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lect 14, 15 Reproductive Technology.docx

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Department
Philosophy
Course Code
PHLB09H3
Professor
Kelin Emmett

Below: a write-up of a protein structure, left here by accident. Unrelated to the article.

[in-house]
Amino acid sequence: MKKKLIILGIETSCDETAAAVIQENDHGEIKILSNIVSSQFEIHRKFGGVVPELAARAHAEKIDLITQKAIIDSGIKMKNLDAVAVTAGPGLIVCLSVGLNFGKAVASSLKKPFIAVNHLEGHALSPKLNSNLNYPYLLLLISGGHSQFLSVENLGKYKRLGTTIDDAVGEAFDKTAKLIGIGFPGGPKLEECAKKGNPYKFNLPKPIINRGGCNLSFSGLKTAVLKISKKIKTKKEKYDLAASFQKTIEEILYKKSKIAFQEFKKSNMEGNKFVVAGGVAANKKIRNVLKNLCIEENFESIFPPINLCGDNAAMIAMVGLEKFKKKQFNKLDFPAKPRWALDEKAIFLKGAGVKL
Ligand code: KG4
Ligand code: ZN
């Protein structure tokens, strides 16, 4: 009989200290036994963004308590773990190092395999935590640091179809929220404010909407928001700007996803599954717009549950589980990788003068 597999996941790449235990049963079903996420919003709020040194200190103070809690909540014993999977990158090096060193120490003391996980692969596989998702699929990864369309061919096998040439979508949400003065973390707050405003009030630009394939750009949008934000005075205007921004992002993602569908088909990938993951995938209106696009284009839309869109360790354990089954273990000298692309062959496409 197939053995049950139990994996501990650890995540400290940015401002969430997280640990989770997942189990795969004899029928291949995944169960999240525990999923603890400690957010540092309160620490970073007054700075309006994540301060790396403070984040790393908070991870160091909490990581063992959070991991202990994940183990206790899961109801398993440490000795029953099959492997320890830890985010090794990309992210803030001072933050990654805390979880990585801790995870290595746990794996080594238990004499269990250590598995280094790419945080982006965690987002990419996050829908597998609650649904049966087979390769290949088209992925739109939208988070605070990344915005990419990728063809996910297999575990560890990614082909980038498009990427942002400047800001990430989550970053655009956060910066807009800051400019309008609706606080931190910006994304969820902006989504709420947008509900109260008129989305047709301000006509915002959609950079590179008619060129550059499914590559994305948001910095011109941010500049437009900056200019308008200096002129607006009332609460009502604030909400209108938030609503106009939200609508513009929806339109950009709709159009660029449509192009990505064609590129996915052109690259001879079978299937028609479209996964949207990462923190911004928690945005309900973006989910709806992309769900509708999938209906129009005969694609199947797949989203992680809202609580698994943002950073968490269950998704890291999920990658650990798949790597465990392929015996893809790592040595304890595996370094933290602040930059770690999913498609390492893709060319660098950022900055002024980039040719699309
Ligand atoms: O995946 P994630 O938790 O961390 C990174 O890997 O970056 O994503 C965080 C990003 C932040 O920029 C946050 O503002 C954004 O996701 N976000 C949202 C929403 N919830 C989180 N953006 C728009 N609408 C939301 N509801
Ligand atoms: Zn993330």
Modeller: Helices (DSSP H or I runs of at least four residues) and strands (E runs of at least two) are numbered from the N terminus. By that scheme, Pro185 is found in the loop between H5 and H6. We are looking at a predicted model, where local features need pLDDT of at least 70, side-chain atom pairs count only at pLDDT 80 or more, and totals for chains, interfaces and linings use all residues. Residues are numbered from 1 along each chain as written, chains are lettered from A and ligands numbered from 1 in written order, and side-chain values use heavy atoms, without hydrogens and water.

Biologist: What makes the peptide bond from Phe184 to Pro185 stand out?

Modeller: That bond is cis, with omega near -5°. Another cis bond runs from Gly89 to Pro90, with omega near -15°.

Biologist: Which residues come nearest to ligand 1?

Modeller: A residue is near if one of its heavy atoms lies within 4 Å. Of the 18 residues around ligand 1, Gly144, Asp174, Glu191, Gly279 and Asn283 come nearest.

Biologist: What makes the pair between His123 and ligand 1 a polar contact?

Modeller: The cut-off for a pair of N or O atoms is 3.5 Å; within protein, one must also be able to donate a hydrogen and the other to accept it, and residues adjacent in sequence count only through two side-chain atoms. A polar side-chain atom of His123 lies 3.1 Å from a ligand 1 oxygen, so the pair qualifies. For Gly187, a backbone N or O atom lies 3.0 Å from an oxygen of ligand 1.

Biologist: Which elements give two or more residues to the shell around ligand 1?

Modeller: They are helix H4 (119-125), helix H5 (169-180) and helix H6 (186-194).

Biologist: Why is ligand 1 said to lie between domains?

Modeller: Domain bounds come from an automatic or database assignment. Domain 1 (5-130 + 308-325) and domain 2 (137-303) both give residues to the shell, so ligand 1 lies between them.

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 Want questions of moral guiltiness (ex: asks about the person who committed the crime) to match those of legal guiltiness (ex: asks judge and jury)  Standard arguments for and against moralities of abortion  Legal status of abortion in Canada: only developed country that has no laws concerning abortion (no legal restrictions)  Moral debates about abortion tends to hinge on the moral status of fetus  Human being – biological concept; homo sapiens  Person – moral concept; worthy of moral regards for some reasons or another (philosophers disagree among different reasons) ex: consciousness, ability to feel pain, ability for reasoning, capacity for autonomy, communication, conception of oneself Von  Fallacy of qualification concerns using the same term in two different senses, arguing against the following premise that it is not valid Premises of abortion (pro-life, conservative) 1. Killing of innocent human beings is wrong 2. A fetus is a human being 3. Therefore it is wrong to kill fetus  In the first premise, human being is used in moral sense  Rephrasing premise 1) killing of a person is wrong, then the whole argument is not valid because not the same term used in premise 2)  Then rephrase premise 2) a fetus is a person – but it is not, does not have any moral concepts  In order for premise 3) to be plausible, premise 3) needs to conclude in a moral sense  Need to make a stronger claim, fetus also needs to be a person (a fetus is a potential person)  Wrong to kill potential people, but then also wrong to harm an egg, human stem cell, sperm cells because they are all potential people  But do not treat potential prime ministers (anyone may be) like prime ministers  Another way to patch up argument: although a fetus is not a person, there will be a point where the fetus will become a person – but when is that point? At birth? 18 birthday? No clear way where the fetus makes a transition to a person  Person – moral concept; worthy of moral regards for some reasons or another (philosophers disagree among different reasons) ex: consciousness, ability to feel pain, ability for reasoning, capacity for autonomy, communication, conception of oneself o Another argument (pro-choice, liberal): premise 1) the killing of innocent persons is wrong 2) a fetus is not a person 3)therefore killing of fetus is not wrong  Problem with argument: severely handicapped, newborns, etc are not persons Marquis  Pro-life and pro-choice of anti abortion arguments are very similar  Both are severely flawed  Liberal positions justifies not killing of all human beings and persons  We should step back and think about what makes killing wrong in the first place  If we can articulate what makes killing wrong, then we can look at killing of fetuses, and see whether the same things would apply  Whatever that is wrong about killing human beings has to do with the victim (not the people around him)  What happens to victim: deprived of consciousness, may suffer pain, etc many bad things  What makes killing wrong is that the human is deprived of valuable features and a future  Seems to show that is equally wrong to kill a fetus because they also have valuable experiences and a future like ours  Wrong to inflict pain on animals, using above strategy, humans suffer is pain is inflicted upon, animals also suffer  But fetus is not aware of and value the future, so is fetus actually deprived of anything? Might be the case that someone that is severely depressed and so does not value future, but still wrong to kill them because they in fact will have a future, the fact they don't value future not does not make it acceptable to end the depressed’s life  Seems like it may prove too much, because if wrong to kill adult human being, more wrong to kill fetuses because ends more future for them. but no one thinks this Thompson – Defence of Abortion  Still have to prove the fetus’s entitled use of the woman’s body to survive  Gap that fetus is a person, has a right to life, but fetus depends life on use of mother’s body  presumably mother has right to decide what can be done to her body regardless of fetus’s right to life  right to life is stronger than mother’s decision  perceives largely by way of proposing fantastical analogies: concerned with terminating pregnancy, parallels case with unconscious violinist with a rare kidney disease plugged into another person  almost nobody would force the person to lie in bed for 9 months with the violinist  situation we are unclear about: permission of abortion. One way to resolve issue is to think about cases where our moral intuition are more clear, and if that case is similar to abortion, then by analogy, we can see what the case we are clear about can tell us what we are unclear about  analogies are supposed to be similar in every relevant respect to the morality of terminating pregnancy  two ways to take his analogies: deny his intuition by finding relevant dissimilarity between the 2 cases  wants to take abortion step by step that abortion is permissible to save mother’s life, terminating unwanted pregnancies extreme view  abortion is always impermissible even to save the mother’s life. Both fetus and mother have right to life, so not enough to deal with issue. How do we decide whether it should be mother’s or fetus’s right of life  moral issue between killing and letting someone die  Actively killing somebody is worse than letting someone die  Killing in self defensive should be permissible – abortion to save mother’s life. If you don't think that, then you are committed to the view that unplugging yourself from violinist would be impermissible  Killing in self defense may be permissible, but abortion is more like a case where the mother asks someone else to kill to save her life (ex: person laying on track asking you to switch path of trolley to kill another person on the other track): asking another person to decide who should live – if baby not killed, mother will die  Analogy: Jones is wearing Smith’s coat in the cold, would freeze to death if no coat. So it’s not impartiality to decide who should wear the coat  Shows that in ca